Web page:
Chapter 6, “Conclusions”, recapitulates the main findings and discusses their broader implications.


Although focusing on three specific structural features in two geographically circumscribed sub-communities of a single language, “Spanish in Colombia and New York City” has theoretical relevance that goes beyond its narrow focus, contributing empirical data and theoretical insights to a number of current debates in linguistics. Throughout the study, the author makes a sustained effort to connect the changes under investigation to parallel developments and / or evolutionary trends in other domains of the Spanish grammar, in other areas of the Hispanic world, in Romance languages as a whole, and cross-linguistically.

A partial listing of the broader issues that the study engages with, touches upon, or mentions in passing includes the impact of contact and bilingualism on acceleration and inhibition of in-progress language change (Silva-Corvalán 1986; Enrique-Arias 2010), particularly contact-induced change in the frequency of occurrence of morphosyntactic variants (Johanson 2002); cyclical diachronic alternation between synthetic and analytic means of expression in the nominal and verbal morphosyntax of Romance languages (Schwegler 1990); preference for analytic over synthetic forms in certain types of contact situations; evolution of Spanish from a pro-drop to a non-pro-drop language, with parallels elsewhere in the Romance domain; the use of overt subject pronoun rates as a diagnostic of dialectal divisions within Spanish; grammaticalization of analytic paradigms and the dynamics of grammaticalization in closely related languages; the competing effects of dialect and language contact on diasporic Spanish-speaking communities; the differing impact of different age and gender groups on linguistic retentions and innovations; and the use of acceleration of language change in emigrant communities to predict and anticipate linguistic change in the communities of origin. A number of the issues addressed in the book are surveyed and introduced through useful overviews of the pertinent literature.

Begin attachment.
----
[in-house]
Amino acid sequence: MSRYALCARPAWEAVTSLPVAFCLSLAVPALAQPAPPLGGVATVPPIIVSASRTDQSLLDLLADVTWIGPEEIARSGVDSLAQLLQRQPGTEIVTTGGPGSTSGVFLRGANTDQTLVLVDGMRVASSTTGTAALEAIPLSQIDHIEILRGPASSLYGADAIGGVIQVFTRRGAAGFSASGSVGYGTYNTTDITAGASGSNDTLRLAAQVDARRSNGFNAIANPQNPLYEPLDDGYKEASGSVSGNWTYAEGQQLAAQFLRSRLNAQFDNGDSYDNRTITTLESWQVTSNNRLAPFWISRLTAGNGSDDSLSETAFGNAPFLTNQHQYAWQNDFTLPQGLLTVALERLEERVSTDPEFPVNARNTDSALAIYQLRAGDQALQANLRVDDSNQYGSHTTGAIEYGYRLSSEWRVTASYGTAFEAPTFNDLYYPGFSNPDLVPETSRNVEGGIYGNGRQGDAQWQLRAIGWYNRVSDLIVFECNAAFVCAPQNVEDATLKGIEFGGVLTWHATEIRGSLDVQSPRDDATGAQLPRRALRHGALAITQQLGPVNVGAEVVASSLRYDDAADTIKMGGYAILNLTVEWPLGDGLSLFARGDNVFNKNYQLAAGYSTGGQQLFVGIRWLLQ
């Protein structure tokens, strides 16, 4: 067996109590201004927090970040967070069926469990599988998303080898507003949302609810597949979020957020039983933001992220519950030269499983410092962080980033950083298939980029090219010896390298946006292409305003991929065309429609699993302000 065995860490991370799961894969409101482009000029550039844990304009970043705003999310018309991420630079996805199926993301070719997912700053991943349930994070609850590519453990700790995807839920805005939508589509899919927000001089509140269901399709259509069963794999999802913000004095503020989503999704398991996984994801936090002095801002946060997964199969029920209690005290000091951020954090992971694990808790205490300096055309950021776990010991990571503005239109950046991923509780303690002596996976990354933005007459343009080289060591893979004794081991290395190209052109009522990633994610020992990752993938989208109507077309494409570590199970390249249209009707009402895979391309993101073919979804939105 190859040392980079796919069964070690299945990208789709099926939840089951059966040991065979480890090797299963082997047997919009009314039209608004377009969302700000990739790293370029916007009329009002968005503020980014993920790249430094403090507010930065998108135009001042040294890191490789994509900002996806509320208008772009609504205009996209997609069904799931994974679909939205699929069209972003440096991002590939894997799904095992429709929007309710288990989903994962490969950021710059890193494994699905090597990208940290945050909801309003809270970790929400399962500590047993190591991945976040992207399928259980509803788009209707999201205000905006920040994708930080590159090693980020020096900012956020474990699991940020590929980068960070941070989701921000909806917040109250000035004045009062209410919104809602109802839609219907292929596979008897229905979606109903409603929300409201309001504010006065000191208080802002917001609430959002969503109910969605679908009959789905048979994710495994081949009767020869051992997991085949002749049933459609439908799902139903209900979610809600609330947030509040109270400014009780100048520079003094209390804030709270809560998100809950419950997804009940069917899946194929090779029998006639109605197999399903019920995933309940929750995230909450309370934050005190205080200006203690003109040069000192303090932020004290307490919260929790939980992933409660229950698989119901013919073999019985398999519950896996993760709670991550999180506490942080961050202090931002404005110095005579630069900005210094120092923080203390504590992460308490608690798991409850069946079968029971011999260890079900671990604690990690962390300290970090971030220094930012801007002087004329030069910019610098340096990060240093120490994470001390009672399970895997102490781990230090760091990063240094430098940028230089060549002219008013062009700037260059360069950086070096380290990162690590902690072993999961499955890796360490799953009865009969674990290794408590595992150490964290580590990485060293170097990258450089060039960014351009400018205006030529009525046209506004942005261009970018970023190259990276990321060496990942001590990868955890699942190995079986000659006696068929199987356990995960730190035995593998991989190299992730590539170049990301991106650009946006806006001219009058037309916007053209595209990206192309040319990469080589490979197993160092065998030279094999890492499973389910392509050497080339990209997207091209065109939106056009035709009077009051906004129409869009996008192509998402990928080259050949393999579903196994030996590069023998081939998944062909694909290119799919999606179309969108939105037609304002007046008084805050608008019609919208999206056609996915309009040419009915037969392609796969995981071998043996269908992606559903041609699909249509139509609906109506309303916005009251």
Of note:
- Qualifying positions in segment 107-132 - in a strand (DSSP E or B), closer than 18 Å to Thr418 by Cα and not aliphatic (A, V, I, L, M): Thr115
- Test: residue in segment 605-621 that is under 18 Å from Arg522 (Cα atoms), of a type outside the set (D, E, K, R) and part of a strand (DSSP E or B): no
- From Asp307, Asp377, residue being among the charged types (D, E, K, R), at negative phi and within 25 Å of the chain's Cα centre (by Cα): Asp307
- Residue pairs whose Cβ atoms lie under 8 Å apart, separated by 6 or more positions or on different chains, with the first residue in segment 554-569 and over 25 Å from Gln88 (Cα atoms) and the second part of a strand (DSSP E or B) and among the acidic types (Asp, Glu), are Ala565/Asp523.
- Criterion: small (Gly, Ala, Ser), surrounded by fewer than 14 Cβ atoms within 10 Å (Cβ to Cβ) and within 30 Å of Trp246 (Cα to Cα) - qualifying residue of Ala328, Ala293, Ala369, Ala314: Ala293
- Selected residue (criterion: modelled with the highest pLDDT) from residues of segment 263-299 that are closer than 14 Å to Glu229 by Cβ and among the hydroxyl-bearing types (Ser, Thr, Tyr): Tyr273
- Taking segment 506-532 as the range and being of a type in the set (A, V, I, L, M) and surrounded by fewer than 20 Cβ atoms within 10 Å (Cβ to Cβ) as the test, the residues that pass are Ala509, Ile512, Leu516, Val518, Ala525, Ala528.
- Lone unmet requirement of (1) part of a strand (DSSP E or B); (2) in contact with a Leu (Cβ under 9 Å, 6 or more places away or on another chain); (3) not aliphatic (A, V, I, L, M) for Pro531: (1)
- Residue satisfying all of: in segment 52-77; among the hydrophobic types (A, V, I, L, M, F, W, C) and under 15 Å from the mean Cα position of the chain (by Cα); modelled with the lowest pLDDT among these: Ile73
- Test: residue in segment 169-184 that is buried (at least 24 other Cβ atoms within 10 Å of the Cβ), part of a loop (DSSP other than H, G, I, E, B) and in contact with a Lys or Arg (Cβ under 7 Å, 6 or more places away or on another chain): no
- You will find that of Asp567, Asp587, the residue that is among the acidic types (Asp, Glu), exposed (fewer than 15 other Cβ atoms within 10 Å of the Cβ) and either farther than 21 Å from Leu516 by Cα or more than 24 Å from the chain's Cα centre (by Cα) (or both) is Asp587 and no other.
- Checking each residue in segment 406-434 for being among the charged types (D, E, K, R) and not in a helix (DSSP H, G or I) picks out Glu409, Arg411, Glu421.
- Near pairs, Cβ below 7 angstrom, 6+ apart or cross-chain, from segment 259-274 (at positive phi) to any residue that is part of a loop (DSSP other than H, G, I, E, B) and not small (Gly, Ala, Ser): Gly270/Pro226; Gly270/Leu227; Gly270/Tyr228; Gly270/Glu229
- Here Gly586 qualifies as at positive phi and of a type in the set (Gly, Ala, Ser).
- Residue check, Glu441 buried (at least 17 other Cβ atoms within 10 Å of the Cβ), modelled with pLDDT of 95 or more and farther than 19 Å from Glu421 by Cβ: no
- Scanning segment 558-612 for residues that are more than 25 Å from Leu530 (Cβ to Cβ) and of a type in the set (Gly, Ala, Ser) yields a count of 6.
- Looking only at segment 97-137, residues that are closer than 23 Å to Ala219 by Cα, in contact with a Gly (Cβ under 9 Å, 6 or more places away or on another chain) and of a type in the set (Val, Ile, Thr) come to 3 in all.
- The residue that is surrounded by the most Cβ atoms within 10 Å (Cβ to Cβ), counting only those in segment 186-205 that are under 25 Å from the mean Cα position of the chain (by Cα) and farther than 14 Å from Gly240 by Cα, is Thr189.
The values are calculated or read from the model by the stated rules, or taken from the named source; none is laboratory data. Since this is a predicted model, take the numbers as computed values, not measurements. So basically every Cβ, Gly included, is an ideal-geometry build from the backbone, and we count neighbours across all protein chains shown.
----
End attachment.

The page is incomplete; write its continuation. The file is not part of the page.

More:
This dynamic, thoughtful, and thought-provoking study will no doubt be of interest to a broad spectrum of scholars and students of Spanish, Romance, and general linguistics.


Enrique-Arias, Andrés. 2010. On language contact as an inhibitor of language change: the Spanish of Catalan bilinguals in Majorca. In Anne Breitbarth, Christopher Lucas, Sheila Watts and David Willis (eds), Continuity and Change in Grammar, 97-118. Amsterdam / Philadelphia: John Benjamins.

Johanson, Lars. 2002. Contact-induced change in a code-copying framework. In Mari C. Jones and Edith Esch (eds), Language Change: The Interplay of Internal, External and Extra-Linguistic Factors, 285-313. Berlin / New York: Mouton de Gruyter.

Schwegler, Armin. 1990. Analyticity and Syntheticity: A Diachronic Perspective with
Special Reference to Romance Languages. Berlin / New York: Mouton De Gruyter.

Silva-Corvalán, Carmen. 1986. Bilingualism and language change: the extension of estar in Los Angeles Spanish. Language 62: 587-608.


Natalie Operstein is the author of ''Consonant Structure and Prevocalization'' (2010) and ''Zaniza Zapotec'' (2015) and co-editor of ''Valence Changes in Zapotec: Synchrony, Diachrony, Typology'' (2015) and ''Language Contact and Change in Mesoamerica and Beyond'' (2017). Her research interests center on language change, phonology and language contact.